Drugs

Colorado’s Legal Pot Market Far Exceeds Tax Revenue Expectations

Tax proceeds from pot sales of $98M have crushed the $70M initial estimation given to voters.

Colorado’s legal marijuana market has led to higher tax-revenue than was previously expected, according to a budget proposal released by Gov. John Hickenlooper on Wednesday, AP reported.

With retail sales in Colorado remaining strong since beginning on the January 1, the governor has predicted sales and excise taxes next fiscal year would produce $98 million.  This far exceeds the $70 million annual estimate given to and approved by voters last year.

Theproposal which gives the first official estimate of just how much the state expects to make from taxes, outlines plans to spend the funds next fiscal year on substance abuse prevention, youth marijuana use prevention and other priorities.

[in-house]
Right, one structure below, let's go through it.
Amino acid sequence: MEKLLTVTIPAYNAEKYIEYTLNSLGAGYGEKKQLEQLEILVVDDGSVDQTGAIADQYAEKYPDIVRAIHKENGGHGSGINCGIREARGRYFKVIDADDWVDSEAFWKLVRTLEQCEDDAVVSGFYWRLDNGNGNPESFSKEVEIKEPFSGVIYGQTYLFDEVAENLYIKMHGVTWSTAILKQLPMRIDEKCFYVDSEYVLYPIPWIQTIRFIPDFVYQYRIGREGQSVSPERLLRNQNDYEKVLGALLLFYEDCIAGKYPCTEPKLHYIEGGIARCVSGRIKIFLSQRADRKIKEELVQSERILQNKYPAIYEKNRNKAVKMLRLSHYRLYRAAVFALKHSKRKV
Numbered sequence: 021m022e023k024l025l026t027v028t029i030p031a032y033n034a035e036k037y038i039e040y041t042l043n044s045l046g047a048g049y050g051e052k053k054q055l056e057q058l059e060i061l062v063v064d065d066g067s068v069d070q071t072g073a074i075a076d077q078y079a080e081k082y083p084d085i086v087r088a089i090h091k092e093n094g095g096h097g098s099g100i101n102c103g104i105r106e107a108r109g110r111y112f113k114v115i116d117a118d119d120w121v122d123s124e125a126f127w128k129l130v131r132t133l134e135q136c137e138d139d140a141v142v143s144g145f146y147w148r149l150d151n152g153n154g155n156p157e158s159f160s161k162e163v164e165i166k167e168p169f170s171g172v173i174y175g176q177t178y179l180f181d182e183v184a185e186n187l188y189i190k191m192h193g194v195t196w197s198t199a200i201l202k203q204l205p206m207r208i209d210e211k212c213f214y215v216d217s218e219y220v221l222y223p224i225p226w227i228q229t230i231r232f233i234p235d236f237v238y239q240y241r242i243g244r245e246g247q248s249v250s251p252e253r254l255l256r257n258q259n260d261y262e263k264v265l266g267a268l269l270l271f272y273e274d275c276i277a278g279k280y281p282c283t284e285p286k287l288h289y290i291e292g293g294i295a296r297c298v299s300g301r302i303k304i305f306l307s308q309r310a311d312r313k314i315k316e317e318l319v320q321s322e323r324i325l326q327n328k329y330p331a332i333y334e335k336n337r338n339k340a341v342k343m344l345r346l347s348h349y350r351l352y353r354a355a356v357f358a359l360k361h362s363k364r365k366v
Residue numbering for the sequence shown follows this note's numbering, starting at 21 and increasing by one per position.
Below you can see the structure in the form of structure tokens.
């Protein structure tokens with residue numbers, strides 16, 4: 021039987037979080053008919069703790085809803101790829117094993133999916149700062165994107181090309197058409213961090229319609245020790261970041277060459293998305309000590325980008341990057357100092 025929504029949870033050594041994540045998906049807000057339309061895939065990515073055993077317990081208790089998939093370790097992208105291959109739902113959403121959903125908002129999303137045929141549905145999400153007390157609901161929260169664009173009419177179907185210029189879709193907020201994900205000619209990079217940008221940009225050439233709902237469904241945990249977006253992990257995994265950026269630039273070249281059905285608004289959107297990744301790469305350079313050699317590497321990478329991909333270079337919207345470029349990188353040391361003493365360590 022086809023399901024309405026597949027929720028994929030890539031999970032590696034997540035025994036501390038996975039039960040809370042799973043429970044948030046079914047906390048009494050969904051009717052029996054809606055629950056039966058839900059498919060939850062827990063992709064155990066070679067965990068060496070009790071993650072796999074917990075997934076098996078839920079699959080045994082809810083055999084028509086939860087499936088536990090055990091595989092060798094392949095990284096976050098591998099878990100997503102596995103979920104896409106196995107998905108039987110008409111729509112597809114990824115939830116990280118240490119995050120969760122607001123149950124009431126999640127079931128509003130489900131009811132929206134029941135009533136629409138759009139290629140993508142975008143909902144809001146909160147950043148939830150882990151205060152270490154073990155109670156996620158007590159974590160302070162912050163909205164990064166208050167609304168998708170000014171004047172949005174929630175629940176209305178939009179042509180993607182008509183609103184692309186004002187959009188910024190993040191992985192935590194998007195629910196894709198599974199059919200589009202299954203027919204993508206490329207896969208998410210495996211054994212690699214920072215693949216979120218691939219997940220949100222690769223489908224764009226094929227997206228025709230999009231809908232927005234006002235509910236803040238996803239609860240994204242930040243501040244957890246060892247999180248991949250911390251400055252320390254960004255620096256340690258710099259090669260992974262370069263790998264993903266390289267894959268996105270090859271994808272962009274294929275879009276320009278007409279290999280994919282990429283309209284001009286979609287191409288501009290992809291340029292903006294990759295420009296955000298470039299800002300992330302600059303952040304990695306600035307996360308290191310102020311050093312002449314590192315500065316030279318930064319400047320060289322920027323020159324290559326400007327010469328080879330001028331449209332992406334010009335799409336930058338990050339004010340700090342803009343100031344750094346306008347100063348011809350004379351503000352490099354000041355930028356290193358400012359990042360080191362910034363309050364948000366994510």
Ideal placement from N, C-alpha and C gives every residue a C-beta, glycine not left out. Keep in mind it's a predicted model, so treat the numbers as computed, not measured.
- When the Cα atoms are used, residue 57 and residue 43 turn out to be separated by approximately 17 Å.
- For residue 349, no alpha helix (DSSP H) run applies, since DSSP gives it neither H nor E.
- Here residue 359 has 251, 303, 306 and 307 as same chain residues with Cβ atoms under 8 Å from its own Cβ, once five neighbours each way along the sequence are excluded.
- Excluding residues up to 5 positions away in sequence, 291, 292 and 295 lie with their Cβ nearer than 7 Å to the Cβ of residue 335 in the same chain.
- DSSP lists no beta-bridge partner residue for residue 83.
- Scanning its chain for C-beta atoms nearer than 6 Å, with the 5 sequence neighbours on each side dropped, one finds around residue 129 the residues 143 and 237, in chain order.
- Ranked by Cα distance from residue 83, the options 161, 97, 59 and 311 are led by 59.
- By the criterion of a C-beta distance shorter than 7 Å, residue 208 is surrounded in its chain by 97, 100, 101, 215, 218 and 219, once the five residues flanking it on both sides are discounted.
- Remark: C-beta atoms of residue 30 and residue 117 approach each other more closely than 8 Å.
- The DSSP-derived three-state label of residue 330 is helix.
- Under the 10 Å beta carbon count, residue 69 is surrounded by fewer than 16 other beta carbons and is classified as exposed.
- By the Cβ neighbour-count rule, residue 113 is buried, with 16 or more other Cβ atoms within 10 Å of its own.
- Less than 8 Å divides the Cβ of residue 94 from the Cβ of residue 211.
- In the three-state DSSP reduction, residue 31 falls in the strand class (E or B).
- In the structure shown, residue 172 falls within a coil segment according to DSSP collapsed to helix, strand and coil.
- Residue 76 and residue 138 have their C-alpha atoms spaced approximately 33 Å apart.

"This package represents a strong yet cautious first step" for regulating pot, the governor said in his proposal.

The $98 million would include the sale of both recreational pot which is taxed statewide at 12.9 percent and medical marijuana taxed at 2.9 percent.  Total pot sales in Colorado for next fiscal year were estimated at approximately $610 million.

Meanwhile, Washington has also released a predicted budget forecast even though sales don’t begin in the state for a few more months.  

No doubt other states considering the legalization of recreational marijuana will be watching the Colorado model closely to see just how much tax revenue can be generated, with the latest figures indicating a high prospect of significant monetary return.

Read more.

 

 

 

Jodie Gummow is a senior fellow and staff writer at AlterNet.

 

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